If I’m serious about it then writing must come first and that means making choices. There will be times when I have to say no. Seems obvious, doesn’t it? The challenge is to take myself seriously as a writer. And that’s the hard bit. I might have to acknowledge some of my dreams and if I do, then I might have to do something about them. And that scares me, throws me right up against myself, my fears and my lack of self- belief. I remember my tutor saying at my first ever writing workshop: “You must begin calling yourself a writer. If you write regularly, even if no one else ever sees it, even if you have no plans for publishing, then you are a writer.” Oh how difficult it was, when people asked me what I was doing, to say “I’m writing.” At the moment, if someone asks me what I’m doing, my answer is vague,  because I feel ashamed. If people ask for my blog details I don’t want to give them, I’m ashamed of how little I’ve done and how neglected it is.

How did this get finally get home to me?

My friend was travelling home and it was an opportunity to spend time with him. I’d love it. But I’d just returned from a few days in Melbourne, last month a few days’ holiday and yesterday I spent most of the day at the beach. Yes, they’re wonderful things to do, yes it’s good to relax and have fun and yes they’re all necessary …

I saw what I was doing and how I was continuing to sabotage myself. At some point I must say “No”, make a choice. Remember – you can have what you want but you can’t have everything.

I met my friend and we had a lovely time, but I haven’t forgotten.  Let’s see how I go.

Ah the rhythm of life, is a powerful beat,

Spring blooms.I could call it hibernation. Or I could call it lying fallow.  But I won’t come at sterile. Sterile suggests permanence and that is unacceptable.  Maybe hibernation? Lying fallow? Perhaps dormant would be better? It is after all just passed the Spring Equinox here down South and Spring is all about new life, regrowth, renewal and waking up. Not that we have much Spring bursting forth, our winter doesn’t get cold enough. (Wish it did!)  However, having said that, today and yesterday it’s been cold and rainy. Very cold and rainy, sometimes windy.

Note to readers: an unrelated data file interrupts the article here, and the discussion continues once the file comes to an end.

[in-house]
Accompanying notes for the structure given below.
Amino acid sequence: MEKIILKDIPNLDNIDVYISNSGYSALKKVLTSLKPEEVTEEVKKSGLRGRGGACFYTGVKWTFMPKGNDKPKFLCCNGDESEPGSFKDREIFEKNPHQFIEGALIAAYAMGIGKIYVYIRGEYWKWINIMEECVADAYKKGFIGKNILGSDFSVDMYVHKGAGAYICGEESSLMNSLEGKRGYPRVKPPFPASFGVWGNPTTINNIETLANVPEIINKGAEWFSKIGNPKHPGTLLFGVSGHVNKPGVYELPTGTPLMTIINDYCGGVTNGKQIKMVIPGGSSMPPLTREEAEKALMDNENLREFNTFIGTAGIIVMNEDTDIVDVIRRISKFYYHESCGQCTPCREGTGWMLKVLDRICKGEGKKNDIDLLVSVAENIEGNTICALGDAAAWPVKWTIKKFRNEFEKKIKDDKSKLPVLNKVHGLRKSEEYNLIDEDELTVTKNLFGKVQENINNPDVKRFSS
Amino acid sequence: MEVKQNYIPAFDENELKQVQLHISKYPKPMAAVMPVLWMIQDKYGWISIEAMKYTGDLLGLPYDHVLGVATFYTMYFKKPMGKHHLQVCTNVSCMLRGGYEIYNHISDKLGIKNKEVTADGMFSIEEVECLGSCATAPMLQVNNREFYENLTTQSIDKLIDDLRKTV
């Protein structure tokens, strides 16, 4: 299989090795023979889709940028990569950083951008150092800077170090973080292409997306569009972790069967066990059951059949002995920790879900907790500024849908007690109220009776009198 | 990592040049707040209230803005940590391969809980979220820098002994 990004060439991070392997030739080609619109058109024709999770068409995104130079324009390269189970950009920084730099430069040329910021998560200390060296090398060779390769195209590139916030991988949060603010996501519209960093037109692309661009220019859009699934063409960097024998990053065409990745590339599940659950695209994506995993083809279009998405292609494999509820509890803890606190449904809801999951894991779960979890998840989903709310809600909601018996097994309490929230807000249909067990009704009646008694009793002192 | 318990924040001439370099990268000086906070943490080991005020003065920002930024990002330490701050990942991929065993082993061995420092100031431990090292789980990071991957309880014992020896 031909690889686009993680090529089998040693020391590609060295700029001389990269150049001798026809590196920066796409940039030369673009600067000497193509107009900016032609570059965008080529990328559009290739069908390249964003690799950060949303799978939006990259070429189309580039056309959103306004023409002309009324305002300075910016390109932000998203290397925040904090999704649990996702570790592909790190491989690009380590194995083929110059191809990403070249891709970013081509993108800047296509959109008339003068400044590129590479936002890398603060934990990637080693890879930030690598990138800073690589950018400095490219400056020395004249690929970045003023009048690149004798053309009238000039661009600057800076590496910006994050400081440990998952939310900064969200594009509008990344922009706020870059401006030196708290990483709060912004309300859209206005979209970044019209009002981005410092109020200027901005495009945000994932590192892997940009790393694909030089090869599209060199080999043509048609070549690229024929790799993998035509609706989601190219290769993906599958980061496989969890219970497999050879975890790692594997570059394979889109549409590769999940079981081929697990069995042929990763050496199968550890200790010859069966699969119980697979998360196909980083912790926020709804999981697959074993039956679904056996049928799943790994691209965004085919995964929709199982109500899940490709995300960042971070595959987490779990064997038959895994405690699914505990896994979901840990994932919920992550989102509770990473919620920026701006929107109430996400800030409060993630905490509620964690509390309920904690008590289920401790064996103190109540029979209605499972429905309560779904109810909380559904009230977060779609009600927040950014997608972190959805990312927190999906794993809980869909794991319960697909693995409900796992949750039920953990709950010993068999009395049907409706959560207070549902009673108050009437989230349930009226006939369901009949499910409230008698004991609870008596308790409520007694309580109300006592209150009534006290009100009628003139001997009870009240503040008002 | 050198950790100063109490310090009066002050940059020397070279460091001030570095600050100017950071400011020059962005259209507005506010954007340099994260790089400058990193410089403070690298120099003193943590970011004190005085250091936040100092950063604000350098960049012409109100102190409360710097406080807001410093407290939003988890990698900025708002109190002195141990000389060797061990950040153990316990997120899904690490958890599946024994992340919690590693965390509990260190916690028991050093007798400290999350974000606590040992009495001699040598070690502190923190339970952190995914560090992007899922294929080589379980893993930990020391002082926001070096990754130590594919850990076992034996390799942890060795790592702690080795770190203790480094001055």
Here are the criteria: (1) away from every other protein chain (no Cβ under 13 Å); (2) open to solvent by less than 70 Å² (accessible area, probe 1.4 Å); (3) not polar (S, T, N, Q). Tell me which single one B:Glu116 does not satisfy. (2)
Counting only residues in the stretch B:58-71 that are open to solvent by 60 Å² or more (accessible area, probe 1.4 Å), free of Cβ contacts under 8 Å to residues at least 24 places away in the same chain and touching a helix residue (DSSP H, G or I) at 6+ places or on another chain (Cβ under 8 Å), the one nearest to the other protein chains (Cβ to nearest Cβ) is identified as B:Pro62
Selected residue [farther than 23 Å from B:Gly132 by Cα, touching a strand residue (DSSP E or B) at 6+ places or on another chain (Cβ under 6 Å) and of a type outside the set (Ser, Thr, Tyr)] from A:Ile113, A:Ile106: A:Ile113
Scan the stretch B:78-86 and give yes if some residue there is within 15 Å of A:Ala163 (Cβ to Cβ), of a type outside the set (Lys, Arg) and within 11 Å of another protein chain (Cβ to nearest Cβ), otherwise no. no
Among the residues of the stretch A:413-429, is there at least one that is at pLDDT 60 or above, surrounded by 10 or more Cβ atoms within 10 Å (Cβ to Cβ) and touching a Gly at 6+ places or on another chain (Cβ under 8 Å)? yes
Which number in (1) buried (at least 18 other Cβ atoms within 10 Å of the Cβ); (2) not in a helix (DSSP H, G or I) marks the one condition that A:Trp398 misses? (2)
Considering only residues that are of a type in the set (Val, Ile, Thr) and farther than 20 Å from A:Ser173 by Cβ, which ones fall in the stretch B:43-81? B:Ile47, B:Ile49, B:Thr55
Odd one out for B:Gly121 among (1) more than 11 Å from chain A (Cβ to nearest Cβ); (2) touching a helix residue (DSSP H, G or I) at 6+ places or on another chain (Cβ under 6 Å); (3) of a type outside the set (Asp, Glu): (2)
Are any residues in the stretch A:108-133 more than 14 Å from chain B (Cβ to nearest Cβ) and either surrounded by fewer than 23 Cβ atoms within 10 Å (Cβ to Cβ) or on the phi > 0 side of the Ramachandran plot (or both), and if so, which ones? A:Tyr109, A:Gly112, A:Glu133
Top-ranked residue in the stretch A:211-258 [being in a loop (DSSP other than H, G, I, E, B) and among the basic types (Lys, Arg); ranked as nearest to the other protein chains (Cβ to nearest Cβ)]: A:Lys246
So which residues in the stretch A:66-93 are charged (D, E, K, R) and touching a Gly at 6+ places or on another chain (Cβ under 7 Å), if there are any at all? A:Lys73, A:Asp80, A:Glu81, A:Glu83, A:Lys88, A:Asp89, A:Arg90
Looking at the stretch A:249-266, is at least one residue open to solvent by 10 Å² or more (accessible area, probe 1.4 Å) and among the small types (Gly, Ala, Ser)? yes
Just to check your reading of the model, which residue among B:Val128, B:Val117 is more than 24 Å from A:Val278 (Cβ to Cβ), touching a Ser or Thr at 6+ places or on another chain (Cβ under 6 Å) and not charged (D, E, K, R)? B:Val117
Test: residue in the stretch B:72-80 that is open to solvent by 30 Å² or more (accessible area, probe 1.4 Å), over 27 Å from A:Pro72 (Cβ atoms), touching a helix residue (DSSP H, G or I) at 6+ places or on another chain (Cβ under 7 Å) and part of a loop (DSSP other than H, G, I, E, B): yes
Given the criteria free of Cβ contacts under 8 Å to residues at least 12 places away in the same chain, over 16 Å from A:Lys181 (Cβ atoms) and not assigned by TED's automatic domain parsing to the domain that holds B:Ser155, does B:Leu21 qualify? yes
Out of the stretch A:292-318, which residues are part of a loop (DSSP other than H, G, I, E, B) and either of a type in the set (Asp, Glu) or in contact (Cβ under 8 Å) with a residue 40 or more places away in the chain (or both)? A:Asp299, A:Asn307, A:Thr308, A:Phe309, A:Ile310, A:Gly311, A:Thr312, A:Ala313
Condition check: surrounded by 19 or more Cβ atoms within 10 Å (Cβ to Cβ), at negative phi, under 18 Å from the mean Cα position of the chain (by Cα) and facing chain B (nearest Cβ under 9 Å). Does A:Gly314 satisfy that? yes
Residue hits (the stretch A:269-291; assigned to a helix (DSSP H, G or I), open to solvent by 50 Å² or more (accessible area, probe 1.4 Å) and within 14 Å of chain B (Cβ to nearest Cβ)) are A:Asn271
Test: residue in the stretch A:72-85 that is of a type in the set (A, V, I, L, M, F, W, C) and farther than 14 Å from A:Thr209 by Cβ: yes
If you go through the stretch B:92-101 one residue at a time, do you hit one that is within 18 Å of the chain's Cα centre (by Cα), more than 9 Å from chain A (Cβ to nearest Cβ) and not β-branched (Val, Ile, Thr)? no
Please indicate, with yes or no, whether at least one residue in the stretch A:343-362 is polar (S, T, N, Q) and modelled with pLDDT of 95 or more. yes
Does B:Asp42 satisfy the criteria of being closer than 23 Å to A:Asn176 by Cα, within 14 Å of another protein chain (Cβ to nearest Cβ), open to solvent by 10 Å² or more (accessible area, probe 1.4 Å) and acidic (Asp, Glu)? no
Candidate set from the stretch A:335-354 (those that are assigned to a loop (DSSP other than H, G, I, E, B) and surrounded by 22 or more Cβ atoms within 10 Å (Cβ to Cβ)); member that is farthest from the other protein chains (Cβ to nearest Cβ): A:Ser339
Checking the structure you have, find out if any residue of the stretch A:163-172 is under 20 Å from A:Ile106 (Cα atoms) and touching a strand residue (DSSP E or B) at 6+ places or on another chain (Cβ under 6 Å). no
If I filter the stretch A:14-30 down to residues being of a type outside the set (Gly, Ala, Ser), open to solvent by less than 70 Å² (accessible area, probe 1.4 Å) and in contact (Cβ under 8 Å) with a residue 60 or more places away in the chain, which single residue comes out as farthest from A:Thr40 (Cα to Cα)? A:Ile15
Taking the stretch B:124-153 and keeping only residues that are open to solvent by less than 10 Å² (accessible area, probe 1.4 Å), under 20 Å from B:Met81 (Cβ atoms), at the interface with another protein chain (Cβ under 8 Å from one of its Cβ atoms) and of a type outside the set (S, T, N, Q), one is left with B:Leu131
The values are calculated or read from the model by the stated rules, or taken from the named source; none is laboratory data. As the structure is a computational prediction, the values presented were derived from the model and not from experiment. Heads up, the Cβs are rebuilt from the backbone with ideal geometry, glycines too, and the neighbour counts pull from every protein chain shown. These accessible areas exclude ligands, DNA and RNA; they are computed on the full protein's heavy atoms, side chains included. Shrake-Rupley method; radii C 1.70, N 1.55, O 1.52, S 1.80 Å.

Spring?

Spring?

Two years ago, this time, we had heatwaves and a raging out-of-control bushfire down the road. People were evacuated onto the local beach. A friend’s adored dog was staying in a dog resort (kennel, but he doesn’t much like the term!) near the fires. The owner refused to evacuate because of his responsibility to the animals in his care. All were safe, but Ollie came home with kennel cough and security issues.  I’d  been told always how gentle Ollie was, a gentle giant, the family baby. Imagine when I visited having not yet met Ollie, and a huge Doberman leapt across the room, barking (VERY loudly),  stopping about one centimetre (mouth open HUGE teeth) from my hand. I kept remarkably still considering the circumstances, although, considering the circumstances stillness was perhaps the only option. Didn’t step any further for several minutes, lunch postponed.  Kennel cough? Security issues?  Or simply a dog with a mean streak?

Back to the lying dormant/ in hibernation/ Springtime and the rhythm of life… Sometimes,  it just doesn’t happen. No matter how much I remind myself of my values and my priorities. No matter how much re-focussing and positive visualisation I practise. No matter how much I beat myself up or promise myself treats or try sensory deprivation or… just no chocolate, it doesn’t happen.

10850249_868432186523021_613794867650258050_n[1]Creativity, or let’s say my creativity disappeared for a while here. There are reasons. And there are many excuses. And sometimes/often life gets in the way. And maybe I’m not committed enough or…  I don’t know. If I knew, then it wouldn’t happen, would it?